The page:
Investment Oversight

It takes work and time to establish and oversee an effective investment process. Understand your fiduciary duty and seek out those who can assist you.

A Board's Key Responsibilities

Ongoing Investment Management Tasks

Getting the Work Done

Keeping the Full Board Up to Speed

A Board's Key Responsibilities 

  • Establish the foundation's investment policy and develop the IPS—The full board, an investment committee of the board, or an investment consultant working with the board/committee could take on this responsibility.
  • Manage the foundation's investments—The board, an investment committee of the board, foundation staff, or outside managers could be involved.
  • Oversee the implementation of the investment policy—The full board, an investment committee of the board, or an investment consultant working with the board/committee might handle this task.

There is no hard and fast rule about who should handle the above tasks, but there is wisdom in understanding what each task entails before making those decisions. 

Foundations will also benefit from making these decisions early on in the process. This is especially true if the foundation plans on hiring an investment consultant, as a consultant can assist with every stage of the investment process.

Resources

Creating a Strategy and Plan for Your Foundation’s Investing 

Getting It Done: The Who and How of Small Foundation Investing

Prudent Investment Practices, sharing four practices that can enable all board members to fulfill their fiduciary duties in the area of investments (Updated by Glenmede)

Investment Responsibilities and Opportunities, a general overview of why fiduciaries should play active roles in foundation investing  

Lessons Learned From the 2008-2009 Global Financial Crisis

Who Has Fiduciary Duty?

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Q&A Service

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Ongoing Investment Management Tasks

John Craig of The Commonwealth Fund suggests a number of key endowment management responsibilities for trustees or a hired professional:

  • Manage endowment cash flow to ensure funds are available for grants and operating expenses.
  • Monitor asset allocation and ensure that assets are rebalanced when necessary.
  • Ensure accurately reported quarterly and cumulative investment performance for individual managers and the endowment as a whole.
  • Ensure proper custody of endowment holdings and necessary recordkeeping on investment transactions.
  • Manage preparation of agreements with managers, mutual funds, brokers, and securities custodians.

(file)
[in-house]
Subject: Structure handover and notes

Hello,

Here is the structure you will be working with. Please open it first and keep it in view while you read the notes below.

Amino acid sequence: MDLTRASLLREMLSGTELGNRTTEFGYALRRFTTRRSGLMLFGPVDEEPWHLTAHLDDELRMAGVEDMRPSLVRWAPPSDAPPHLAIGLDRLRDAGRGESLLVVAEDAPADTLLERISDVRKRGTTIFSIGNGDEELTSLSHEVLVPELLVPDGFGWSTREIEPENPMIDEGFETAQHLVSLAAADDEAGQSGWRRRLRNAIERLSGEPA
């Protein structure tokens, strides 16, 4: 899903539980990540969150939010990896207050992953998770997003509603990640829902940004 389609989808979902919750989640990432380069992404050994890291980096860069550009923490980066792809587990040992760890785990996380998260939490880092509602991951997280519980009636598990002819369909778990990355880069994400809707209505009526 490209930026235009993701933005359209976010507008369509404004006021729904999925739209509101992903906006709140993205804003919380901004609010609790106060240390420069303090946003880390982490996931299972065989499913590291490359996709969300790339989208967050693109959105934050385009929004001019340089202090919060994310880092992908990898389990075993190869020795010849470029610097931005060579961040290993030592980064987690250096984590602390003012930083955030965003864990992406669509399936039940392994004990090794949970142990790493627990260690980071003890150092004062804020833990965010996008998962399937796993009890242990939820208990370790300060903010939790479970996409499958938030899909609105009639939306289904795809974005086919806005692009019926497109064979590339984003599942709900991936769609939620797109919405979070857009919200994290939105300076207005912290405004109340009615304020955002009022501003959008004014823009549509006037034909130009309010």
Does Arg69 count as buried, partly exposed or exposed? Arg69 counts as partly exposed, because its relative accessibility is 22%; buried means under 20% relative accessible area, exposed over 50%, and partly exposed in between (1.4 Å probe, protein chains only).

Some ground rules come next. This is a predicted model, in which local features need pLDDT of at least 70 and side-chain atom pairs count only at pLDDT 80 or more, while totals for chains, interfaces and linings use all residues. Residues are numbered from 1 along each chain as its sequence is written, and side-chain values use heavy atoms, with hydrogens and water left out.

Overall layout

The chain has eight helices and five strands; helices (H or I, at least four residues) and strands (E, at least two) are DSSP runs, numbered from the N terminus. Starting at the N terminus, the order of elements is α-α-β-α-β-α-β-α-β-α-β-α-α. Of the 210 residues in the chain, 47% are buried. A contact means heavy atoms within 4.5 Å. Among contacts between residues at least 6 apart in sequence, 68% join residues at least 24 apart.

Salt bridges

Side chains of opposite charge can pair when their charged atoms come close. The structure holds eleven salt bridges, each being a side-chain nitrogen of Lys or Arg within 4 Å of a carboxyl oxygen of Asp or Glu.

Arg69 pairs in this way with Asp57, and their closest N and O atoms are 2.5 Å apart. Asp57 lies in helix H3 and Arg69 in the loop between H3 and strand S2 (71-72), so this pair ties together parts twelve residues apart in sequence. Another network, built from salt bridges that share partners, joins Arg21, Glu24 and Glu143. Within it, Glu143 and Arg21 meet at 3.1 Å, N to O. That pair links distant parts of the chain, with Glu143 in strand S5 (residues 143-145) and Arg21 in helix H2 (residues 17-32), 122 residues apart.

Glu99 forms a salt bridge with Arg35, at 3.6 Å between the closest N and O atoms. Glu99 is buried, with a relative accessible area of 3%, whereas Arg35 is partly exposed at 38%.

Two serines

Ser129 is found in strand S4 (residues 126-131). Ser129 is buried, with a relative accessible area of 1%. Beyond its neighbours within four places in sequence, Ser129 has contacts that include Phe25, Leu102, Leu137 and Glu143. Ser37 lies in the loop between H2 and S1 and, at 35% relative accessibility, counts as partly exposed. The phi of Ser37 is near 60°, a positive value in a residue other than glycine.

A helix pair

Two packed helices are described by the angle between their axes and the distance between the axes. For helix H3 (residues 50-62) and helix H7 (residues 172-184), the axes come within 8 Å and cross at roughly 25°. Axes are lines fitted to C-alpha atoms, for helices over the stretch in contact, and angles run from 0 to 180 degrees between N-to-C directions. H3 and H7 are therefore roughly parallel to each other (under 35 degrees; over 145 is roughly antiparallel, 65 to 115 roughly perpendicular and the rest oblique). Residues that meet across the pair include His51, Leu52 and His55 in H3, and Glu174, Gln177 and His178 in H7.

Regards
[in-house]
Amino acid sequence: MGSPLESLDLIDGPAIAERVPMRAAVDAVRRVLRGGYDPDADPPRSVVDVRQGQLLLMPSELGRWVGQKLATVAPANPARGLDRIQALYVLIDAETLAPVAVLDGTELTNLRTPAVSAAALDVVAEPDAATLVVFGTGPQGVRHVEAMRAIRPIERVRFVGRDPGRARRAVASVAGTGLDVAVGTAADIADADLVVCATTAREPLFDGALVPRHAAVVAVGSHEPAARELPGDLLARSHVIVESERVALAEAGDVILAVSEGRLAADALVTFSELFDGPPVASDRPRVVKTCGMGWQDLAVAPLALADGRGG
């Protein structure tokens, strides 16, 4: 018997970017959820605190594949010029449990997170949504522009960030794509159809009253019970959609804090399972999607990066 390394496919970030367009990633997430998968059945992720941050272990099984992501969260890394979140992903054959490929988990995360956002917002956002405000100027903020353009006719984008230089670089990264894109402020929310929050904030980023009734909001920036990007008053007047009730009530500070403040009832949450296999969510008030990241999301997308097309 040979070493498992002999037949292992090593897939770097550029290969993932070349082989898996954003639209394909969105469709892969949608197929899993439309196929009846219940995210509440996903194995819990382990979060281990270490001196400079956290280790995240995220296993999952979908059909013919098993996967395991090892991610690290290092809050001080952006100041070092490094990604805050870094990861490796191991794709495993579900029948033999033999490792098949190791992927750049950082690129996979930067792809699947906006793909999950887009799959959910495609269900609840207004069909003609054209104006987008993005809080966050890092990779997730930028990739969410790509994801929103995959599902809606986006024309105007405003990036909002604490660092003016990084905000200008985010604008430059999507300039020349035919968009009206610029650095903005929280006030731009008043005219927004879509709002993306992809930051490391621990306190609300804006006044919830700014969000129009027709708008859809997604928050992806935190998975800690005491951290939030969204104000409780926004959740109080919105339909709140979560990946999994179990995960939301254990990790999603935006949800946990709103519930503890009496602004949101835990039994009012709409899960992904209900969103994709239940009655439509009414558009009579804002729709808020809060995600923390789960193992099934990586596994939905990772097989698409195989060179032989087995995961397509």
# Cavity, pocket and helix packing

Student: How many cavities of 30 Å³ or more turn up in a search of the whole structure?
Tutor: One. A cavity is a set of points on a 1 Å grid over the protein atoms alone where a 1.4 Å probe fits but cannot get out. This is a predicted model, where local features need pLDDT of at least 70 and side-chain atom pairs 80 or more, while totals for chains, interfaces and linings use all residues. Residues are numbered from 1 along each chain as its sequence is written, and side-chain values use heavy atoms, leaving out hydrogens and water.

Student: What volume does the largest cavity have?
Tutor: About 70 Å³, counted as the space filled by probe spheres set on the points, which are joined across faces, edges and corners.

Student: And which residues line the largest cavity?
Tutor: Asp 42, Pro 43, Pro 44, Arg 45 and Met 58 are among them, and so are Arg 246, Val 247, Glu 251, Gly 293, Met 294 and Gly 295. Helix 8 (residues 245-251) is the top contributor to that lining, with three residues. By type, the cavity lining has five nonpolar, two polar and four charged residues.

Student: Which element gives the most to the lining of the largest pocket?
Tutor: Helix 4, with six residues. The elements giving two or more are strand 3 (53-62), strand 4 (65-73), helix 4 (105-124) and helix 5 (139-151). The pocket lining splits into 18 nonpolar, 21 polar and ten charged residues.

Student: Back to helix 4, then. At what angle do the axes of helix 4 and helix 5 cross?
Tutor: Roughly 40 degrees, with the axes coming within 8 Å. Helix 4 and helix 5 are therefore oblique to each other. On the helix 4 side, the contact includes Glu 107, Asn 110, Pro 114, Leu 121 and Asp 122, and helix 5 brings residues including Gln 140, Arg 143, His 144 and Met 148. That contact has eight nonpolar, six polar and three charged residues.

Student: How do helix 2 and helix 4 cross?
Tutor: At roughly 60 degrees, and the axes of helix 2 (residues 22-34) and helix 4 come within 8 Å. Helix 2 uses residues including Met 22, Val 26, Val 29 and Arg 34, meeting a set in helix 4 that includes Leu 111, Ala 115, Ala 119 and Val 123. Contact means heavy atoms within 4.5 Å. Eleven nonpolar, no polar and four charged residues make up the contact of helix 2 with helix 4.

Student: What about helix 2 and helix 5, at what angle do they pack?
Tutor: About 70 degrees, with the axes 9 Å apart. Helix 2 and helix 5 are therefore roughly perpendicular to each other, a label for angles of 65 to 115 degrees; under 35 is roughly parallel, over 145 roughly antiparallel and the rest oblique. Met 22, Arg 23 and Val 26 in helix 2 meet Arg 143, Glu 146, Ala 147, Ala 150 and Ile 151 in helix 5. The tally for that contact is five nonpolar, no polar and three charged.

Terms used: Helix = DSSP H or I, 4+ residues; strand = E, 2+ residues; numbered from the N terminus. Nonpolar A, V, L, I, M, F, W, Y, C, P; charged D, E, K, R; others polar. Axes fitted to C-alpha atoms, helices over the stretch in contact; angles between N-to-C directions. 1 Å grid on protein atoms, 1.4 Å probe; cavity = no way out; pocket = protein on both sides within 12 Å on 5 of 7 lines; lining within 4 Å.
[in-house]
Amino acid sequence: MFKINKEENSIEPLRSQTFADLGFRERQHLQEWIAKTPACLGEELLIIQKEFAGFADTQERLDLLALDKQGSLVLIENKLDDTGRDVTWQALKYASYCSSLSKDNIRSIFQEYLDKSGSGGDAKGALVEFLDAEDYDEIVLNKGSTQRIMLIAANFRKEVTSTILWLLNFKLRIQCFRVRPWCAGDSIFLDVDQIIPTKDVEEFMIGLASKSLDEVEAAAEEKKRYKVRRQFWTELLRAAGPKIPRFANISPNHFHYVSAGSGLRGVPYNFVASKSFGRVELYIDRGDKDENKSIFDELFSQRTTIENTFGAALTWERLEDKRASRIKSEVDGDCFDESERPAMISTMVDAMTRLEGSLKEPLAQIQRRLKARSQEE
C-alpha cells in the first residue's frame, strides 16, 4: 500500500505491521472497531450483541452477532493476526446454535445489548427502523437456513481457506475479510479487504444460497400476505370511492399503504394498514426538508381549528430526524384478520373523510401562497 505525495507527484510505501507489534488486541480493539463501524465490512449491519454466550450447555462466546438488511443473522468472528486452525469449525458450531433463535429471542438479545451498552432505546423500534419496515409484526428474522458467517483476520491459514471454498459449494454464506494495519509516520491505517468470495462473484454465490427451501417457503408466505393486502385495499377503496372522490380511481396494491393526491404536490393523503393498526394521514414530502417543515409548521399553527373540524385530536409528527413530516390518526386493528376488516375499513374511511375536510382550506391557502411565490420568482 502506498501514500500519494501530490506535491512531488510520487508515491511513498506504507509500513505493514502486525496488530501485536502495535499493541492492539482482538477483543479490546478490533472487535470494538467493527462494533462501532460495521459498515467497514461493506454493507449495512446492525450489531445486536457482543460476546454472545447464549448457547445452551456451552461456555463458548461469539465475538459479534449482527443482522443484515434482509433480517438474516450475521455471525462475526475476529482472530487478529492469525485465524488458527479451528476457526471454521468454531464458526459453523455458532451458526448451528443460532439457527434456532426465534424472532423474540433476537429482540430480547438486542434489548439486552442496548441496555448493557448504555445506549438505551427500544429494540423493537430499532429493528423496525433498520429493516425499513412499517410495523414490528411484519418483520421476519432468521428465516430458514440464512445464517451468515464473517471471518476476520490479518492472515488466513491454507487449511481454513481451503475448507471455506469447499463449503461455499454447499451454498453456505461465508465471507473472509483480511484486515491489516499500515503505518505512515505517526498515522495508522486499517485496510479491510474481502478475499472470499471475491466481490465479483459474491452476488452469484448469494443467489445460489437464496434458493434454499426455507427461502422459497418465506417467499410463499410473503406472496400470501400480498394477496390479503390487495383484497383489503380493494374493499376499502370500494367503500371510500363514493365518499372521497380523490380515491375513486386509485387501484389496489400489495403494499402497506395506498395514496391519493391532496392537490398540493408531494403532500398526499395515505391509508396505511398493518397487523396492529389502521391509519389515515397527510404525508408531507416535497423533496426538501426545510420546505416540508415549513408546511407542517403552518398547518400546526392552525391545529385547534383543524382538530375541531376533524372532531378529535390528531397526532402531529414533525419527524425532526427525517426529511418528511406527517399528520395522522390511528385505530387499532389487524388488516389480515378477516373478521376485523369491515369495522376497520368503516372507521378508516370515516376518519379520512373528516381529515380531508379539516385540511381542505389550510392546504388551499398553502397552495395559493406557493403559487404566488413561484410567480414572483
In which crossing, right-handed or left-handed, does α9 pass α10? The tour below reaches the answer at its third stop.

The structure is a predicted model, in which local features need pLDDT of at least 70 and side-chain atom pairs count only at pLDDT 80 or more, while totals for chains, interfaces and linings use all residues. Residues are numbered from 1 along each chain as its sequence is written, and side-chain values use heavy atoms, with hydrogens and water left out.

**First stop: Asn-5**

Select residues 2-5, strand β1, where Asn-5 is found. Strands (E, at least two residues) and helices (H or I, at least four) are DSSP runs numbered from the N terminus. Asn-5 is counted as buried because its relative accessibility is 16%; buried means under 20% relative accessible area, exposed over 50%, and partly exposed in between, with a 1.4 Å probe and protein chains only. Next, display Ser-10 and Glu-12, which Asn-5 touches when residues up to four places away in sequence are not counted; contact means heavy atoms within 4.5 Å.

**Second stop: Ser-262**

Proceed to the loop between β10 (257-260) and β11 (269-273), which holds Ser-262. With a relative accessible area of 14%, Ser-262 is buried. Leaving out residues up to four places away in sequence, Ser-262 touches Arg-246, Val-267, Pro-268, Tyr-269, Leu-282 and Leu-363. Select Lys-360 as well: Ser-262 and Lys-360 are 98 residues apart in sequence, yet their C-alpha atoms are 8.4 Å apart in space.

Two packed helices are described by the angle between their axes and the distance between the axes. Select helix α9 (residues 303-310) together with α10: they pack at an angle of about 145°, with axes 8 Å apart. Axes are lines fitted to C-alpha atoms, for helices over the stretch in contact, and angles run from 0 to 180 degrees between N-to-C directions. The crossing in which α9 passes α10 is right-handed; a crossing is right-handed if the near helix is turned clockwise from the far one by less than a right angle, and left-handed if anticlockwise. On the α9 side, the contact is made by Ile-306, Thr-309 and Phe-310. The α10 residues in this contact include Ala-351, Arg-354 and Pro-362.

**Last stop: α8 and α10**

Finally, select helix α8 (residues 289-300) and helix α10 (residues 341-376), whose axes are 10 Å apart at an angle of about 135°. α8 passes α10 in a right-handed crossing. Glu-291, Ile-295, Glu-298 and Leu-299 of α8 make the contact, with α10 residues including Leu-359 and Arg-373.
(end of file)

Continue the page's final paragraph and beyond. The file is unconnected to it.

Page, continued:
• Manage the investment consultant (if any).
  • Staff the investment committee, including scheduling meetings and providing advance reports on the endowment for board meetings.

Resource

 A Checklist for Foundation Investors

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Getting the Work Done

Small-staffed foundations tend to use one of five models for managing and overseeing their investments:

  1. Board Does It All ModelThe board does it all—develops the foundation’s investment policy, buys and sells assets, and monitors the foundation’s portfolio.
  2. Board and Small Staff Do It All ModelThe board and a small internal staff (in some cases involving an internal chief investment officer (CIO)) develop the foundation’s investment policy, buy and sell assets, and monitor the foundation’s portfolio.
  3. Investment Manager ModelThe board (and key staff) hires investment managers to buy and sell assets in accordance with your investment policy and oversees these managers directly.
  4. Investment Consultant ModelThe board hires an investment consultant to evaluate and hire managers to buy and sell assets in accordance with your investment policy and to oversee the managers in your portfolio. Consultants may also help the board develop the investment policy in the first place.

5. Outsourced Chief Investment Officer (OCIO) ModelThe board (with assistance from key staff) hires a firm that offers a full range of investment services on a non-discretionary or discretionary basis.

 Resource

Getting It Done: The Who and How of Small Foundation Investing

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Keeping the Full Board Up to Speed

  • The investment committee or board can use each quarterly review as an opportunity to present some information about one asset class and its impact on your foundation's portfolio.
  • Annual meetings offer a good opportunity to invite an investment consultant or manager to educate the board in addition to giving an update on the portfolio or their area of expertise.
  • If you have engaged an investment consultant, make full use of their expertise. Many consultants offer educational events for clients or can recommend good conferences to attend. If your board is large enough, you may also want to work with your consultant to personalize an educational program for your foundation.
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